Thursday, April 03, 2008

Trash Collecting

S always brings her empty Zip-Loc lunch bags home from school. In camping parlance, she packs out what she packed in. We’ve never camped. I know that some people will want to believe that S is interested in recycling. That she’d like to see these plastic baggies re-used again and again, never adding to the non-biodegradable detritus clogging up Mother Nature’s arteries.

S does not care.

She puts those empty bags back in her lunchbox because 1) she doesn’t want to walk to the garbage can at school, and 2) she’s afraid the universe may come to a screeching halt and we will run out of garbage at home.

We will not.

I throw these empty Zip-Locs in the garbage because the idea of putting a new meat sandwich into what once held an older meat sandwich makes me want to throw up. The question is what to do with all the garbage? Or rather, with the recyclables. Such a nice word, recyclable. It’s not trash, it’s recyclable. And we do recycle, we have a curbside bin provided by the city and I fill it up every week. The problem is that there is still trash, er, recyclables, to be put in there because The Quartet ingests copious amounts of milk, gingerale and Chef Boyardee. So the left-over trash – I’ve just now decided to call it what it is, trash – piles up. In my home.

I know we can call the city and request an extra curbside bin. We had two at one time, but the extra … disappeared. It was recycled, I imagine. I hope. I have to believe that at some point the trash collector assumes that two bins is a mistake, and an egregious paperwork error has occurred somewhere in the chain of command, and liberates one of them. And I’m left, again, with a pile of trash in my house.

Kristy and I disagree on immediate solutions. She says we should take our neighbor’s bin since he just moved out of town and the house is vacant; let recycling logistics be the home buyer’s dilemma. I say fill up the recycle bin with the appropriate garbage and dump the rest in the big, green can.

We are at an impasse. But, I’m the one taking the garbage out.


Kristy said...

The fact that our regular kitchen trash can overflows almost daily, and can often be seen with an additional and equally-full trash bag sitting on top of it, reinforces my point that the outside bin is not the problem. The rinsed out cans, empty cardboard pizza and waffle and Pop Tart boxes, and partially-completed crossword puzzles would just be piled in a different area of the kitchen. At least the inside recycling area is out of immediate sight!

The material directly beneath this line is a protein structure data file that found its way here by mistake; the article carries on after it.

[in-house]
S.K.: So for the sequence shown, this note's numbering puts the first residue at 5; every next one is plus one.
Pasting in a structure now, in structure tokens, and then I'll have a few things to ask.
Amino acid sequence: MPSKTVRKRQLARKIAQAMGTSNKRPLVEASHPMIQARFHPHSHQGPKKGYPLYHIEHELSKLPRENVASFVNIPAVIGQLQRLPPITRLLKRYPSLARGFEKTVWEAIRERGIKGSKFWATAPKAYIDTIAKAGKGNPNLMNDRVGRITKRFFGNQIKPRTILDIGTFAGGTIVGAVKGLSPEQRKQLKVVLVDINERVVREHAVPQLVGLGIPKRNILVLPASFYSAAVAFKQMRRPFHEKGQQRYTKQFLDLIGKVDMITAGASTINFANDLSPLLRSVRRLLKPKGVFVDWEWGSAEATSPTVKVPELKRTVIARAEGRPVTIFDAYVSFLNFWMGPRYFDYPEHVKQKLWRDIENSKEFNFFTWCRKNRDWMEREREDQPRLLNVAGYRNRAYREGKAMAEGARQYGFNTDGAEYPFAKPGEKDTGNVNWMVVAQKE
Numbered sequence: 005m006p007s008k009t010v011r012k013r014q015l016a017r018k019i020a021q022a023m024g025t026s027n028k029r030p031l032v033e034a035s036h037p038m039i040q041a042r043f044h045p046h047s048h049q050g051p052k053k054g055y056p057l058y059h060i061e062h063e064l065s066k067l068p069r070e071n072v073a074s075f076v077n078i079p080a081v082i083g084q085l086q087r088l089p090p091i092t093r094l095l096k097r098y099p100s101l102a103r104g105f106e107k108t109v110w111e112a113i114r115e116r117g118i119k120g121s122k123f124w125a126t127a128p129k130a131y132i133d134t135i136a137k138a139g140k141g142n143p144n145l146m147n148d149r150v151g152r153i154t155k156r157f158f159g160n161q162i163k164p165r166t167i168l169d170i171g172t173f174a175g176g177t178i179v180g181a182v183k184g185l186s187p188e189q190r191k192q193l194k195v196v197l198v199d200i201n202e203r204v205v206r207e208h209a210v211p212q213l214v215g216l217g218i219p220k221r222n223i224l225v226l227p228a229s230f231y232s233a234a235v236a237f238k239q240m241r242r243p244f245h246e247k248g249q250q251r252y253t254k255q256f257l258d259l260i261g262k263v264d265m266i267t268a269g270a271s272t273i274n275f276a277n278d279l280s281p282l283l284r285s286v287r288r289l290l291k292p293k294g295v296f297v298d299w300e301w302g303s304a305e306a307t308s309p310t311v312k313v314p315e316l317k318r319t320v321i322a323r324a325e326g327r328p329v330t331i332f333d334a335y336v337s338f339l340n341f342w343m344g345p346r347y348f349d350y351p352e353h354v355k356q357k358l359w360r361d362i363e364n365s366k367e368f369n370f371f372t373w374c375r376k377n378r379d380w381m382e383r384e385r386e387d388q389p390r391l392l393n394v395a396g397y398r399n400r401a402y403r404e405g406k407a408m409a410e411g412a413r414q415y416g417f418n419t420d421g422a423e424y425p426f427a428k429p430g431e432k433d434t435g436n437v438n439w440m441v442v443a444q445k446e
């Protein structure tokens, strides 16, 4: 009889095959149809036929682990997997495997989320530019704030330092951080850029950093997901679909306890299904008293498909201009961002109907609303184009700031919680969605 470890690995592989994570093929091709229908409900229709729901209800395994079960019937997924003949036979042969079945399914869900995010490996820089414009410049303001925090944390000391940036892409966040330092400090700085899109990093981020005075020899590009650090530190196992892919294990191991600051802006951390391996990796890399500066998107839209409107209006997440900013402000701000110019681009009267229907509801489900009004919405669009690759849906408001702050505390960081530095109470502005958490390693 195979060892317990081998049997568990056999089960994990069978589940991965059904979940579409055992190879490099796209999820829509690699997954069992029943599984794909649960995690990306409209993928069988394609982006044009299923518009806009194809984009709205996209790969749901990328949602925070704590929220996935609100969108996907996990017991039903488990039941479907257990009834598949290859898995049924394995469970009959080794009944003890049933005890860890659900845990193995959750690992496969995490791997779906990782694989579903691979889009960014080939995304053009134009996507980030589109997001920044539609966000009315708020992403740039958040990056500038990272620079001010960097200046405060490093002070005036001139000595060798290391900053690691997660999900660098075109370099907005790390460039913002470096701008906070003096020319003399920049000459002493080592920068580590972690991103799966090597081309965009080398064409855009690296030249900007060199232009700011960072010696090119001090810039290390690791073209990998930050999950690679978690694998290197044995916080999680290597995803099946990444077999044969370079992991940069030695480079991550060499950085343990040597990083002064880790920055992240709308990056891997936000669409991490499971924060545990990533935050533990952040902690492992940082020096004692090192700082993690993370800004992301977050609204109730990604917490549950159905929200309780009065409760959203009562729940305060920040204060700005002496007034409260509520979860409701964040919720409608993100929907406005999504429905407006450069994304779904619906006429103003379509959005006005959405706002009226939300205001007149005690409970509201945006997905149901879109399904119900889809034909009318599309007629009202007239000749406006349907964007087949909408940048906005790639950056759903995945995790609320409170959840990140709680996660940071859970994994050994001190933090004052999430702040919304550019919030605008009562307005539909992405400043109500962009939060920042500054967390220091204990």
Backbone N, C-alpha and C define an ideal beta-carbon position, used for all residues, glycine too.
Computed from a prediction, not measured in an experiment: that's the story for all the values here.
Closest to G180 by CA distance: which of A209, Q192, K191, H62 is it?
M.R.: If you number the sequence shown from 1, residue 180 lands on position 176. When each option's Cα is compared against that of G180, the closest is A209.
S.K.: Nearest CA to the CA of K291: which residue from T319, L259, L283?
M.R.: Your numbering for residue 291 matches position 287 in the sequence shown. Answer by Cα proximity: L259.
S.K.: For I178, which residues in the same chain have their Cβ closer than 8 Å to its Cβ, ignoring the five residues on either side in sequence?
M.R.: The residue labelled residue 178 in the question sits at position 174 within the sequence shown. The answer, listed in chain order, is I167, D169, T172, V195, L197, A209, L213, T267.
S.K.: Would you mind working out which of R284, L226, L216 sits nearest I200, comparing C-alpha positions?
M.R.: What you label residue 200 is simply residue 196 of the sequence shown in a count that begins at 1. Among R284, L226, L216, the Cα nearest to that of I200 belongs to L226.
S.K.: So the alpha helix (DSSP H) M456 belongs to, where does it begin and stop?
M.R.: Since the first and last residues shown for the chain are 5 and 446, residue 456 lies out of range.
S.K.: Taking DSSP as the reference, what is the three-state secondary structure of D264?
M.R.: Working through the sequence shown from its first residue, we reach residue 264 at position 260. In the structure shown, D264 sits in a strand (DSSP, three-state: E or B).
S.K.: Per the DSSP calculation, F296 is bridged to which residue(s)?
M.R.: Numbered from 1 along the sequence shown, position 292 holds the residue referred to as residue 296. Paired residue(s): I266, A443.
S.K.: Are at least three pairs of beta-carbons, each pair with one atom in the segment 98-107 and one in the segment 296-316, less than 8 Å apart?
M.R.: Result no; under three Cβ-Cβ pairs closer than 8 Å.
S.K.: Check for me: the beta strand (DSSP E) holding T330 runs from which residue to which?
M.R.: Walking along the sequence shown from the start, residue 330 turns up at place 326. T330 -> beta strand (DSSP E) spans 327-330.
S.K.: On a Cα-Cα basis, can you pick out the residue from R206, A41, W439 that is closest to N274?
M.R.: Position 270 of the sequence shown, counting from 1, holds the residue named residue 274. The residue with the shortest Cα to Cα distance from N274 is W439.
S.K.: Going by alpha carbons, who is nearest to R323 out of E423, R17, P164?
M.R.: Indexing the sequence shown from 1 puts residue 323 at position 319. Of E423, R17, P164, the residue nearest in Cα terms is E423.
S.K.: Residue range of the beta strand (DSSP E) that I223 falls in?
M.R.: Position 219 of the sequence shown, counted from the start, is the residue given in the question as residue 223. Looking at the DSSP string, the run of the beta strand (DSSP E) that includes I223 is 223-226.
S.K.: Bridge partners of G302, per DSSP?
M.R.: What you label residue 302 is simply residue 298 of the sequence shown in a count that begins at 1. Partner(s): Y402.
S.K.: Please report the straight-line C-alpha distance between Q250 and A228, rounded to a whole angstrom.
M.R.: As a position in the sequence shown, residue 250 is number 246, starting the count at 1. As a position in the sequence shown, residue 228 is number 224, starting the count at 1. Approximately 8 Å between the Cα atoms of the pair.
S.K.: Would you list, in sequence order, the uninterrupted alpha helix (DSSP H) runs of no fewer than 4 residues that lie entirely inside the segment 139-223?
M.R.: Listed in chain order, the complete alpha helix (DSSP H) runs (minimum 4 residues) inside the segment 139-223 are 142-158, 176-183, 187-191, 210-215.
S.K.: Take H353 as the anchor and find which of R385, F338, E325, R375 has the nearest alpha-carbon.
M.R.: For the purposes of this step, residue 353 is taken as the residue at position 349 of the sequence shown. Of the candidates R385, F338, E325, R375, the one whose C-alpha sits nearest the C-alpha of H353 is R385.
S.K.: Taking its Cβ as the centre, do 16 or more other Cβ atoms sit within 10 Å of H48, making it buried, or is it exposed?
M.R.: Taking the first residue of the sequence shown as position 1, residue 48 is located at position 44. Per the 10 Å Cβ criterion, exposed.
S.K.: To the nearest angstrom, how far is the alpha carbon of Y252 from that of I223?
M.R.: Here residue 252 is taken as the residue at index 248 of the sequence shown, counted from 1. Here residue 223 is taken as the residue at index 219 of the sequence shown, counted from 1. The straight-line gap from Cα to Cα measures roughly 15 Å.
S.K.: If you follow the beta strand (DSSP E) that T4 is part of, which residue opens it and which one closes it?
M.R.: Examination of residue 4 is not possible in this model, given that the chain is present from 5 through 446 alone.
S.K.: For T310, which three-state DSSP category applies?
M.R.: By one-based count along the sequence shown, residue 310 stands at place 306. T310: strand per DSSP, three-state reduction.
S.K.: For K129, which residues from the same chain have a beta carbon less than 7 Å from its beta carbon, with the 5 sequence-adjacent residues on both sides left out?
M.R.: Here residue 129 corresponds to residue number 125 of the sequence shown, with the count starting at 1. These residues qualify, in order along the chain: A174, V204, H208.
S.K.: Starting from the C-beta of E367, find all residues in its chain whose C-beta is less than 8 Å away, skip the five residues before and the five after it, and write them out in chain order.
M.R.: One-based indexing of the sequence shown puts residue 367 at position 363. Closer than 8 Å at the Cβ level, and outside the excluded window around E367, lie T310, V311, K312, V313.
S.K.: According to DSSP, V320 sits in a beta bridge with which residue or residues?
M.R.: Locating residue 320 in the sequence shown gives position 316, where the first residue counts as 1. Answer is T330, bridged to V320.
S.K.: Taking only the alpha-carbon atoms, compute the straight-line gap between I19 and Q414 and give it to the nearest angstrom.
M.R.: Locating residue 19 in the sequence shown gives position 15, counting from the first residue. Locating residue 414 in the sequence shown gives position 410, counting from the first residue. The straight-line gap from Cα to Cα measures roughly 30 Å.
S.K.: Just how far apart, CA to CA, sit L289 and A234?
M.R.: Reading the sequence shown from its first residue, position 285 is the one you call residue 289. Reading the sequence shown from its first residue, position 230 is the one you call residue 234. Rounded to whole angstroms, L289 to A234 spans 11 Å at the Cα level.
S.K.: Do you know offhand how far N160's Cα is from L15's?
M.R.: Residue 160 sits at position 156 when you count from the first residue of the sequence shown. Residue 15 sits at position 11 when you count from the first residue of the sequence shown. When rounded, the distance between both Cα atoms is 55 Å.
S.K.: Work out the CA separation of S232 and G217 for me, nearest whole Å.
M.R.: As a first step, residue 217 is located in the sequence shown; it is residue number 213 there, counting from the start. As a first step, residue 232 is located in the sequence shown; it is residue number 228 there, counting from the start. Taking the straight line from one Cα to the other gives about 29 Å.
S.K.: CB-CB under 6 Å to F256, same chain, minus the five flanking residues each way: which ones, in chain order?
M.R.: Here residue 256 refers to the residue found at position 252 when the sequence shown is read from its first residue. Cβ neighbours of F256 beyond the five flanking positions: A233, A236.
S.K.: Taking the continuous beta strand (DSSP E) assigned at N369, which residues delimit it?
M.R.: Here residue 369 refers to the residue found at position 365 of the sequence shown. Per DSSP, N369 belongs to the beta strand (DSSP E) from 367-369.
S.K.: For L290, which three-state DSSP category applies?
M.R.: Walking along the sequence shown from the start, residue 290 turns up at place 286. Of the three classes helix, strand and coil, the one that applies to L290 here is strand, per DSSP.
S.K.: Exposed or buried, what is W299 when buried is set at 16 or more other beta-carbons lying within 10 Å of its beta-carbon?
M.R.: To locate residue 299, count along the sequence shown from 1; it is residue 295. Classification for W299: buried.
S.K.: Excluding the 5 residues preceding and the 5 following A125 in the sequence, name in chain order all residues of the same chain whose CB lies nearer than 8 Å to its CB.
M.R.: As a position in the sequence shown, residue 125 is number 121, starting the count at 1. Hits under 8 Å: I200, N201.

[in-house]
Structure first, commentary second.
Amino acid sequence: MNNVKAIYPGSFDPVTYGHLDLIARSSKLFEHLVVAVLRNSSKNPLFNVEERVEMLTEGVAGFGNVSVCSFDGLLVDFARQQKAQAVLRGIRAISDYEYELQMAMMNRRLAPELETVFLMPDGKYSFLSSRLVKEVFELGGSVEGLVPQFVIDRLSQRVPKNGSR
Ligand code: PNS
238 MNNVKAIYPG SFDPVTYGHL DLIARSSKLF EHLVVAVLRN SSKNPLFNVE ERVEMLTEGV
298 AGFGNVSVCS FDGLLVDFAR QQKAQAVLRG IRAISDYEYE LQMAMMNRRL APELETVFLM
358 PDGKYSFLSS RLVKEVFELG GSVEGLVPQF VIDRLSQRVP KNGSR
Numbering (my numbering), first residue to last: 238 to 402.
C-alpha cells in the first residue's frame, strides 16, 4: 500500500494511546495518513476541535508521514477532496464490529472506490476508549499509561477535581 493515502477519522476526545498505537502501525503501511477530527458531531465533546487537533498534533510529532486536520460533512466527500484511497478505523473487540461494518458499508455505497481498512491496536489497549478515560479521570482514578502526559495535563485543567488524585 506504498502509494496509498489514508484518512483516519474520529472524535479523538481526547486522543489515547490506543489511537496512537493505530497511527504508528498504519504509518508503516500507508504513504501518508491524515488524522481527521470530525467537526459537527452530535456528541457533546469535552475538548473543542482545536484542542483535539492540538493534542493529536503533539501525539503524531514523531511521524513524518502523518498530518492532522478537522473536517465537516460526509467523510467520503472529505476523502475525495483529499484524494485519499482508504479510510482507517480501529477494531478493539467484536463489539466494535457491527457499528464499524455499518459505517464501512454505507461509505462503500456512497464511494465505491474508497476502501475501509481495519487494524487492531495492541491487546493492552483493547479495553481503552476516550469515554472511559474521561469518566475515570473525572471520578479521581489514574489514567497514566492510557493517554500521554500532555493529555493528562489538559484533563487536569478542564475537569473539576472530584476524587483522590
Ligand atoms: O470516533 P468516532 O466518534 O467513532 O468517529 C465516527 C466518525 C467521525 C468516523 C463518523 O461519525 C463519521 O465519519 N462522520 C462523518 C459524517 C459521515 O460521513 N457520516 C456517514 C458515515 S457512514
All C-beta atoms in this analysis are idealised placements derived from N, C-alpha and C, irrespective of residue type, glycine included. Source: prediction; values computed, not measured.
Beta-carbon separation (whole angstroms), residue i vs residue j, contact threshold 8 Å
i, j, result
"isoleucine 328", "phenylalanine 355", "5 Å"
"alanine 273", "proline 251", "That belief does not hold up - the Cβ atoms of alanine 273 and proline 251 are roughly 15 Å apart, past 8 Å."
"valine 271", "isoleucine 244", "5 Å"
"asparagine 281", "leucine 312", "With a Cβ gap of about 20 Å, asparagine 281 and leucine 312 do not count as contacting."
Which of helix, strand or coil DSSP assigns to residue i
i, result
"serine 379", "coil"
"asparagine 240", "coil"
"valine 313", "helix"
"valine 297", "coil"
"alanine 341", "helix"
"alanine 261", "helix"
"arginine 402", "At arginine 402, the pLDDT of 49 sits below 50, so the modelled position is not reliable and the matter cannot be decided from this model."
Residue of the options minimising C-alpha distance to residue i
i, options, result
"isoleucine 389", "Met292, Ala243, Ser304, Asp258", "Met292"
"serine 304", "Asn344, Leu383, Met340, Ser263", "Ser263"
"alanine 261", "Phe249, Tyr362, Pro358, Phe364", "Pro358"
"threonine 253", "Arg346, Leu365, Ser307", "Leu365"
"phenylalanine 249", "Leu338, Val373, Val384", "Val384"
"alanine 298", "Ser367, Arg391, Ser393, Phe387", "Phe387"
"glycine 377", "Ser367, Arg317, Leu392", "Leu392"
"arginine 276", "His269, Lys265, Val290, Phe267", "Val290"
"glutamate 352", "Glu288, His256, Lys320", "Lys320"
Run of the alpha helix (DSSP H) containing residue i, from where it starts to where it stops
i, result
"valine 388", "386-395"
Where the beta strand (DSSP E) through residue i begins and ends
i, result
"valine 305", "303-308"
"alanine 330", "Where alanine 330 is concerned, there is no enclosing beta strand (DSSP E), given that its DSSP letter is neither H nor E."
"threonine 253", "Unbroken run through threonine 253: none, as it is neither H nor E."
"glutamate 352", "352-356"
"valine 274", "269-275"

Secret Agent Mom said...

Rinsed out cans? Oops.

Stacey Greenberg said...

if the neighbor wasn't RIGHT next door i would say just take it. the garbage guys may figure it out when the new person moves in and requests a bin. however, you should at least use it until someone does move in. just request another one!

also fyi, the cardboard and all of your junk mail and school paper and newspaper and magazines can go in a paper bag on top or on the side of your bin.

if you recycle all of that paper, your plastics, aluminum, and glass, i really don't see how you could fill up your green can.

we seriously have one bag of "trash" a week.

katherine said...

I've always heard that it's okay to steal as long as you recycle.

Kristy said...

We haven't totally shifted to recycling all the cardboard since they added that service, mainly because of the space issue. Even so, we create a lot of trash. I'm not sure what all of it is, really. I'm trying to do better with making sure everything that can go in the recycling bin does. But I can't do it alone, people!

Secret Agent Mom said...

"Then you go sort out the recycling. That's not part of it but it's still very important."

warren said...

When i was C's age, one of my chores was to "empty the trash," for which I received the payment of continued room and board. [[hint hint]]

(sigh) If only I knew then that my parents were bound by law to provide food and shelter, I could've demanded some wages.

Naomi Van Tol said...

You need more recycling bins!

Call the City at 576-6851 Ext. #1, and ask for a recycling rep. They deliver to your house, even.

I'm not sure if there's a limit on how many free bins you can get, but you need at least three: one for paper, one for cardboard, and one for the mountain of beer cans -- I mean, the metal/plastic/glass.

We have FOUR bins because we are extravagant like that. They go out to the curb on rotation, usually two at a time.

Kristy said...

Why separate when we don't have to?

Anonymous said...

To request additional/new bins

The Saucier said...

Get a burn barrel. Much more fun.

Naomi Van Tol said...

Why separate when we don't have to?

Well, we separate our newspapers/mail/scrap from our cardboard/pasteboard because it's faster and more convenient for us to stow the first category of recyclable trash behind a living room chair and the second category on the back porch. Obviously you should do whatever works best for your household.

But you are required to keep the clean tree-based stuff separated from the smelly clanky stuff, and that really is a lot easier if you have multiple bins.

Stephanie said...

SAM- Yes!

Naomi- You must be new to this blog- it's Seinfeldian in it's apathy. Don't spoil the fun with responsible facts!

RJA- I can't wait to see the comments on your CA column. I'm working on mine right now.

Stephanie said...

Stephanie- It's not possessive! Hee!